- Sift together the flour, salt, 1/4 cup sugar, and baking powder onto a large sheet of waxed paper or parchment paper. Lift the paper by the edges, taking care not to let the dry ingredients spill, and pour the sifted ingredients lightly into the bowl of a food processor.
- Cut the cold butter into small pieces, sprinkle them over the dry ingredients, and pulse briefly until the mixture forms coarse crumbs. Place this mixture into a medium size bowl.
- Beat the eggs in a large bowl and then stir in the yogurt, almond extract, lemon zest, and crystallized ginger. Place large spoonfuls of this wet mixture on top of the dry ingredients in the other bowl and stir just until combined. Fold the raspberries gently into the thick, wet dough.
- Generously flour a rolling surface on your counter (or the counter itself). Turn out the dough onto the floured surface, flour your hands well, and pat out the dough 1-inch thick. Cut it into 10 triangles with a floured knife or cut as many round scones as you can using a floured plain or fluted biscuit cutter. Place them on a well buttered baking sheet or a baking sheet covered with baking parchment. (Alternatively, you can scoop or spoon the dough into a well buttered scone pan or mini scone pan.) Brush the tops of the scones with melted butter and then sprinkle them liberally with sugar.
- Bake for 20 minutes or until the scones are golden brown and a cake tester inserted into the center comes out dry. Cool the scones on a wire rack until they are slightly warm and serve them with the raspberry preserves and clotted cream. Garnish the serving plate with the reserved raspberries, if desired.
Like My Fresh Raspberry Scones Recipe? Please Rate It!
The World's Easiest Petit Fours Recipe
When I was a girl, my mom came up with this quick and simple recipe for making petit fours* recipe so that I could have fun decorating the little cakes with icing, silver dragées, sprinkles, nonpareils, and other embellishments. As I got older and more deft with my decorations, she started serving them at parties. Eventually I started making more sophisticated variations to keep in the freezer to serve to unexpected company with a cup of tea or coffee.
The following version is the quick and easy version Mom used so I could have fun decorating the petit fours, followed by some of the more elegant variations I use these days.
Use the photo below for decorating inspiration, or do your own thing!
*The French spelling of these miniature cakes is "petits fours", but most English-speaking people use the Anglicized spelling "petit fours".
- 2 frozen Sara Lee All-Butter Pound Cakes
- 1 to 1 1/2 cups of good quality berry jam (preferably tart and not too sweet)
- Vanilla buttercream frosting (see Simple Vanilla Buttercream Recipe below)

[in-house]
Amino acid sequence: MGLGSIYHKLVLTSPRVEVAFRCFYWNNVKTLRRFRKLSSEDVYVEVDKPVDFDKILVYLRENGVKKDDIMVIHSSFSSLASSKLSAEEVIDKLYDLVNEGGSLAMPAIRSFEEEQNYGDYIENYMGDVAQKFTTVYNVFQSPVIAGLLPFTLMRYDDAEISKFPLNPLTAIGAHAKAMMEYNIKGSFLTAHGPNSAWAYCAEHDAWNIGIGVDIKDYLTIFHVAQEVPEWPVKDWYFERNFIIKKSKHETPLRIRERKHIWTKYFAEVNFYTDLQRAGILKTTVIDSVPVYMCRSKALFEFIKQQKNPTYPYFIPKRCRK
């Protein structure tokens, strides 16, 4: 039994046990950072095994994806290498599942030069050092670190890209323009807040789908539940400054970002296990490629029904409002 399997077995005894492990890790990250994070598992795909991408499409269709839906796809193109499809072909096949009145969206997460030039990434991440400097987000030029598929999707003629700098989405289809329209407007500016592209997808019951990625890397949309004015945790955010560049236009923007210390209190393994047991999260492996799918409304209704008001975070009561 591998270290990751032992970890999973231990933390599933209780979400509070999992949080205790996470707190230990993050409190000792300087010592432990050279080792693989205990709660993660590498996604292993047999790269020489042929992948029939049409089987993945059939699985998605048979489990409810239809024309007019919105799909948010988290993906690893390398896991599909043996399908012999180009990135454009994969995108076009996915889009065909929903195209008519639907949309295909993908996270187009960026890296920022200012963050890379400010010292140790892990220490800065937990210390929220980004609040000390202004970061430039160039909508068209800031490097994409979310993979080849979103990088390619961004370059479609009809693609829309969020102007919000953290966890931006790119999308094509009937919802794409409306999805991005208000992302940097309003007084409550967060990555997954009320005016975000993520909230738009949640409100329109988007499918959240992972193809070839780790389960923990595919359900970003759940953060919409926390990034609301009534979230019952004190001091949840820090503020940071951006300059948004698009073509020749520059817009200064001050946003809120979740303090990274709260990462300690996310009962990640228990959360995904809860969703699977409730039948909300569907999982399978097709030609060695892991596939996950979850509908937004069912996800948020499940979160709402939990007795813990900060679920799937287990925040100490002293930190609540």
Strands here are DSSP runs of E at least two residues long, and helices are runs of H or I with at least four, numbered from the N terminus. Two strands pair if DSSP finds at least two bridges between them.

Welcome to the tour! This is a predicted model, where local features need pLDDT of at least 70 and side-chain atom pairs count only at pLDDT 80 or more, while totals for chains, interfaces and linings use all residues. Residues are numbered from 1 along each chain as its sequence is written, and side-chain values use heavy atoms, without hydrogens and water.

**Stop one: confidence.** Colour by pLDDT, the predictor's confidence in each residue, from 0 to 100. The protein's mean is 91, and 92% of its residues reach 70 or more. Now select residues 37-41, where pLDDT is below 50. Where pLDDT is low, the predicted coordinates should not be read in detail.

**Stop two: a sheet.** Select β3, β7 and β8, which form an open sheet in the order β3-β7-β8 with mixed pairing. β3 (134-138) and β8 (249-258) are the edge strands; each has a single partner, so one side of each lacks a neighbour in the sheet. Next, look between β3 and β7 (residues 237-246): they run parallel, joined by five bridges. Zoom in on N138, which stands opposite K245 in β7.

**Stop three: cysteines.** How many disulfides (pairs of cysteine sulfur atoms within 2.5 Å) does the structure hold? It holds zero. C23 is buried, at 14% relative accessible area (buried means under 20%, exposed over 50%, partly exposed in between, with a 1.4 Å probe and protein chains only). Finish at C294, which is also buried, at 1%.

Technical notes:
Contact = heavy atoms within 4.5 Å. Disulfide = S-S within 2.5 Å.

- Apple or red currant jelly (or other flavor of your choice)
- Pourable icing, left white or tinted a pale pastel with food coloring (see Easy Petit Fours Icing recipe below)
- Purchased tubes of decorator's icing, or additional buttercream frosting tinted with food coloring
- Edible decorations of your choice (optional)
- Trim off the top of each frozen pound cake using a very sharp, thin, long, serrated knife (a good bread knife is one option) so the top is flat and level. (Trimming the cake while it is still frozen helps minimize crumbs and keeps the edges cleaner.) Trim off the browned side and bottom edges. Then slice each trimmed block of cake into thin, even slices (about 1/4-inch thick).
- Reserve 1/4 of the cake slices and spread the remaining slices with jam. Then add a layer of vanilla buttercream frosting (see recipe below), if you wish. Cover and reserve the remaining buttercream in a cool place.
- Stack three of the jam and buttercream topped layers and top them with a reserved plain cake layer. Repeat with the remaining cake slices. Wrap each stack in plastic freezer wrap (I use Freeze-Tite) and freeze for 10-15 minutes.
- Melt the jelly in a small saucepan over low heat, stirring often. Remove the pan from the heat and allow to cool slightly while you cut the cakes.
- Take the layer cakes from the freezer and use tall petit fours cutters (and/or a long, sharp, thin knife) to cut them neatly into small, uniform cubes, diamonds, triangles, circles, ovals, or other shapes.
- Space the petit fours approximately 3/4" to 1" apart on large icing/cooling racks set on top of wax paper. Drip the warm jelly glaze from the tip of a spoon over the top and sides of each petit four in a thin, even layer. Allow the glaze to set for a few minutes, refrigerating the cakes if it is a hot day. Then remove the jelly-covered wax paper sheets and replace them with fresh wax paper.
- Spoon the pourable icing very slowly and evenly over the top and sides of each petit four, allowing the excess to drip onto the wax paper. If you run out of icing, scrape up the excess icing from the wax paper and thin it with a few drops of milk or cream, if necessary. Allow the icing to set, chilling the cakes in the refrigerator, if necessary, and then move the petit fours from the racks to a baking sheet lined with fresh wax paper or baking parchment.